There is no glory in celebrating the 18th May. After all, it is the day the once proud nation of Somalia has got the biggest tumble of its entire checkered history. It is the day a new form of clannish chauvinism has taken root in the entire Somali peninsula, particularly in the northern regions of Somalia. It is also the day the Somali nationalism and homogeneity was cruelly buried in the dusty streets of Burao by a mindless gun-toting, ragtag clan-militia who knew nothing but revenge. It is the day that sowed the seeds of hatred, suspicion and mistrust for generations of Somalis to come. It is the day that set the ball rolling for clan-based regional administrations to crop up everywhere to the extent that Somalis could not conciliate their mistrust and hostility to the current day.

18th May is the day that the once fearlessly independent and proud Somali people have been reduced to the joke of the world, and inevitably become synonymous with a whole host of nasty negative adjectives such as refugees, beggars, high seas pirates, famine-stricken and last but not least Al Shabaab terrorists. Escaping the hell and the horrors created by the warring clan militias that toppled the last functioning government of Somalia, 18th May is the day that the once proud Somali women, the pride of Africa and the Muslim world, have lost their dignity and defiled by every crook in the world like those raped and their bodies mutilated in Southern Sudan by knife-wielding SPLA soldiers four years ago. 18th May is the day that opened the floodgates for young Somalis to risk their lives and brace the high seas in search of peace and economic opportunities, where a large number of them have never made it. For many people in northern Somalia, 18th May is all about celebrating on the graves of the innocent civilians killed by SNM militia in Borama, Dilla, Las Anod, Erigavo and elsewhere in the non-Isaaq inhabited regions of Northern Somali.

18th May is about division, mistrust and re-incarnation of the archaic clannish supremacy of the old. 18th May has one way or another massively contributed to the misery and the current impasse of Somalia as other regions have followed suit SNM on this destructive road by establishing their own clan-based administrations that had almost made inconceivable to find a solution for the Somali problem. And finally, 18th May is the day the Somalis have fallen into the snares and shackles of their old age archenemies that their fate is slipping away from their fingers.


Following the unfortunate and spectacular collapse of the Somali state in January 1991, the SNM militia could have chosen the path of reconciliation and unity over the path of division and isolation by bringing all Somalis into the negotiating table in Hargeisa (their home turf) as suggested by none other than Ahmed Silanyo himself. Had cool headed prevailed in the SNM camp, peace and order would have been restored and a government for all would have been reconstructed, with USC militia in the south taking its part of the nation-building process.

As many Somali intellectuals, both inside and outside the secessionist enclave have suggested over the years, SNM could have easily followed the footsteps of Meles Zanawi’s TPLF (the Tigre militia that toppled the Ethiopian Derg) by creating a country that is at ease with itself and owned by all Somalis. Instead, it chose the path of division, isolation and secession that could not bear fruits for two long barren decades, despite knocking every diplomatic door in the world for international recognition. This self-imposed isolation had resulted in more than 80 per cent of the enclave’s population suffering severe financial hardships that only the very top of the social Stratham can afford to put proper three meals on the table.  Karis xun, iyadna wax ku la’.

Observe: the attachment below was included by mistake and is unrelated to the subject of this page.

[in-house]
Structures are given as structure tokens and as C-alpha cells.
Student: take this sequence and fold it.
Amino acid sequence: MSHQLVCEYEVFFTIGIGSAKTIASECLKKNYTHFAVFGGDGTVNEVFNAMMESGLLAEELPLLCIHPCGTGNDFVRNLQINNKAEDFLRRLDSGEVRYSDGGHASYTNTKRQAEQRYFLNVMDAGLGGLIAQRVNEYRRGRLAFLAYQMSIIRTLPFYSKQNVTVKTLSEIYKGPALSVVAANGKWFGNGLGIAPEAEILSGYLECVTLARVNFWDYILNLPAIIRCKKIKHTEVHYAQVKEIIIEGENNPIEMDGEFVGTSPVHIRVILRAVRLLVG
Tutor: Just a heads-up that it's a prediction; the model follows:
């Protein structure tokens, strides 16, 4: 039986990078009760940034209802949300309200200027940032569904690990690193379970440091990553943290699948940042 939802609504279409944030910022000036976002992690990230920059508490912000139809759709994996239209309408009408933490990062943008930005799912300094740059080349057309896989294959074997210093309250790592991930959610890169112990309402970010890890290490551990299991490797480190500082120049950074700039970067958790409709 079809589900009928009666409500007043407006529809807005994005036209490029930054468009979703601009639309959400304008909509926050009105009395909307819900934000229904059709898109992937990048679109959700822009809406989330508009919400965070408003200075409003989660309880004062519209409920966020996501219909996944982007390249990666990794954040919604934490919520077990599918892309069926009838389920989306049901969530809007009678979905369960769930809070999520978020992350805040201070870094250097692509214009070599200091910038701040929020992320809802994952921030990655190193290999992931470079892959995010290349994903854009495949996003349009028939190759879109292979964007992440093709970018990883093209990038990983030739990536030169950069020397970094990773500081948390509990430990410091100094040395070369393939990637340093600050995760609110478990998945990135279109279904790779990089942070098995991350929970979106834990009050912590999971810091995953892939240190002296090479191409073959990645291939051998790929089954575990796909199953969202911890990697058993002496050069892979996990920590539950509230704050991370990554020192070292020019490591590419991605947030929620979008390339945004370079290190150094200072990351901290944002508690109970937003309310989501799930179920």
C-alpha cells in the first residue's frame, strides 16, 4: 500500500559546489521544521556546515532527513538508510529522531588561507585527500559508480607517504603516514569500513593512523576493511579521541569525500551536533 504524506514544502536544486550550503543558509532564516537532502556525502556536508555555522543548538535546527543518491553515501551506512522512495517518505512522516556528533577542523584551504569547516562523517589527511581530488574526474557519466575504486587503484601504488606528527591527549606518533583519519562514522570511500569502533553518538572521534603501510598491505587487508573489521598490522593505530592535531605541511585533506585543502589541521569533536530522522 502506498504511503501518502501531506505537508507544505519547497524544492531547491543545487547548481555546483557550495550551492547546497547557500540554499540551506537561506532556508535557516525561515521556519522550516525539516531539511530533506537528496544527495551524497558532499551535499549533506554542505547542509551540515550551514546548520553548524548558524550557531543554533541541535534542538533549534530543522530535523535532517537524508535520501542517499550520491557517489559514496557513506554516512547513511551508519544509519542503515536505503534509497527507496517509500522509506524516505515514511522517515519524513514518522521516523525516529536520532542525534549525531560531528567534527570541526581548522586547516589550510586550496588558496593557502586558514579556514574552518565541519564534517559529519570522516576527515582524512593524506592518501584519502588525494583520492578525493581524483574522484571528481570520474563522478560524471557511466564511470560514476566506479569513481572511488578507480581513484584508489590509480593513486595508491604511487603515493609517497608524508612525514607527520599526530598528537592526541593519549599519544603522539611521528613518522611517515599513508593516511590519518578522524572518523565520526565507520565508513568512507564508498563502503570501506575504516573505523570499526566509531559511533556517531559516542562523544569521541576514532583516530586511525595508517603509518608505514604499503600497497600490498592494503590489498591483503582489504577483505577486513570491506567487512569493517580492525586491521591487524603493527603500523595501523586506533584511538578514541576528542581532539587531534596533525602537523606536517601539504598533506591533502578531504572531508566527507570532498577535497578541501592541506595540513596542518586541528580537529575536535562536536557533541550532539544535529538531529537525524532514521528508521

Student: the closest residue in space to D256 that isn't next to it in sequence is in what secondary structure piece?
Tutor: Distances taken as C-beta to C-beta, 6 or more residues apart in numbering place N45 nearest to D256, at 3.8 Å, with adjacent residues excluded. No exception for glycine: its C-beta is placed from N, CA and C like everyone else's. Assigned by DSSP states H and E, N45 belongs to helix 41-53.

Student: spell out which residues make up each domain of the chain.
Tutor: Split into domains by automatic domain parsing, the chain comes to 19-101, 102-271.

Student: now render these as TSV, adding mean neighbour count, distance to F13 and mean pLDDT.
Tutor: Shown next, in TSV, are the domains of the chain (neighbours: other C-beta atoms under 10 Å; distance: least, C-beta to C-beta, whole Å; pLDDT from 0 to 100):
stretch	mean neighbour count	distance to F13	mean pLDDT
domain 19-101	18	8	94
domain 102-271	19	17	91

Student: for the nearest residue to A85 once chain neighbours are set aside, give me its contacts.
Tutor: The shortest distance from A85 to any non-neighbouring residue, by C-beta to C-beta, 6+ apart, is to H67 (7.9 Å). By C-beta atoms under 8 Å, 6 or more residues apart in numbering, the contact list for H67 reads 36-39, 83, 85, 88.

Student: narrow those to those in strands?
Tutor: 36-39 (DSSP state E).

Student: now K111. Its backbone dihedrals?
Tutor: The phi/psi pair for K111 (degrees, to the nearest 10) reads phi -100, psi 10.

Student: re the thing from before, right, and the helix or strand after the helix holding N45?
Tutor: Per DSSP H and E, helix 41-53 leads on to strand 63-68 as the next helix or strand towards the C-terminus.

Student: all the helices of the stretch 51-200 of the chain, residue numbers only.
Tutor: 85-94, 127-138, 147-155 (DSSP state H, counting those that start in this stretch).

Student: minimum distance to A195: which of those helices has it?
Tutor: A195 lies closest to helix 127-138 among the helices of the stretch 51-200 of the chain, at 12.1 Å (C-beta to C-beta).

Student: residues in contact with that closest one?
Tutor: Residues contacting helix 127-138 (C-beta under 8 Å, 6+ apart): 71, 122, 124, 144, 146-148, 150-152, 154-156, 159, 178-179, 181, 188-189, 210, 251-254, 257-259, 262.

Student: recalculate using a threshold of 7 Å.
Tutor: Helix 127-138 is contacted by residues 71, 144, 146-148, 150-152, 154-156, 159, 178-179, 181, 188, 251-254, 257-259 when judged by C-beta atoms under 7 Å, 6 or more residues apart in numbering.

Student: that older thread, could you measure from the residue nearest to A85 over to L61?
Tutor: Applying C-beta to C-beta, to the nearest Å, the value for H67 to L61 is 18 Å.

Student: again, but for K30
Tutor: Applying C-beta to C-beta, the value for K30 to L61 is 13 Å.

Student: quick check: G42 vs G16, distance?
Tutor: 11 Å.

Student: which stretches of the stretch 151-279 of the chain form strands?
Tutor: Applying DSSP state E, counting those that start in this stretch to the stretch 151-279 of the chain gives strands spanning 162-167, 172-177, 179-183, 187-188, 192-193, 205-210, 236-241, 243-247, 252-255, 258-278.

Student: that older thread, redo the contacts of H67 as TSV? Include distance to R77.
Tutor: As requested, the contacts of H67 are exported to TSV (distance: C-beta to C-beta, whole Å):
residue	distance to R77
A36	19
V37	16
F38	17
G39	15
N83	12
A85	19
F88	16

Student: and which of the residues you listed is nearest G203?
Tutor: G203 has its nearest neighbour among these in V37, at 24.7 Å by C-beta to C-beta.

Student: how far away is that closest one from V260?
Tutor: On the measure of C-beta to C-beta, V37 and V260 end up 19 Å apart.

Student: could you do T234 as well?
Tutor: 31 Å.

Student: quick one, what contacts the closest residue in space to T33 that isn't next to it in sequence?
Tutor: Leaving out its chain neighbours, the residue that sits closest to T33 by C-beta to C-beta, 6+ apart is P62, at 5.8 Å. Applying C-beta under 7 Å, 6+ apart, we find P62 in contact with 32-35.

In a survey the Horn Cable Television conducted last week in Hargeisa prior to the upcoming celebration for 18th May, people were found to be not as thoroughly enthusiastic on the occasion as they used to be in the previous years. Street Traders reported a sharp drop in the sales of “Somaliland” paraphernalia – flags, scarves, baseball caps, etc. No huge and pompous ceremonies are anticipated in Hargeisa, Burao and Berbera – the secessionist heartland.

In conclusion, unlike 26th June, the glorious day that the northern regions of Somalia had gained their hard-earned freedom and independence from Great Britain, 18th May is fast becoming a day celebrated only by the die-hard Diaspora communities in the town halls of the big metropolitan cities in Europe and North America. Imagine living in an enclave where half of the population is celebrating a day that the other half has a complete and utter contempt for it. That is the secessionist enclave called “Somaliland”. And yet their politicians see no fault in this. The pro-unionist communities in the eastern and the occupied western parts of northern Somalia dread the very mention of the 18th May, let alone celebrate for it, though some guinea pigs representing these regions will always force people against their will. Moreover, many people among the secessionists have felt the heat of isolation and perhaps, for the first time, questioning what it might have been had different directions were chosen by the armed SNM militia in the aftermath of the fall of Somalia’s last central authority. It is not worthwhile to celebrate this dreadful day as it represents nothing but division, mistrust and isolation.



Mohamed F Yabarag




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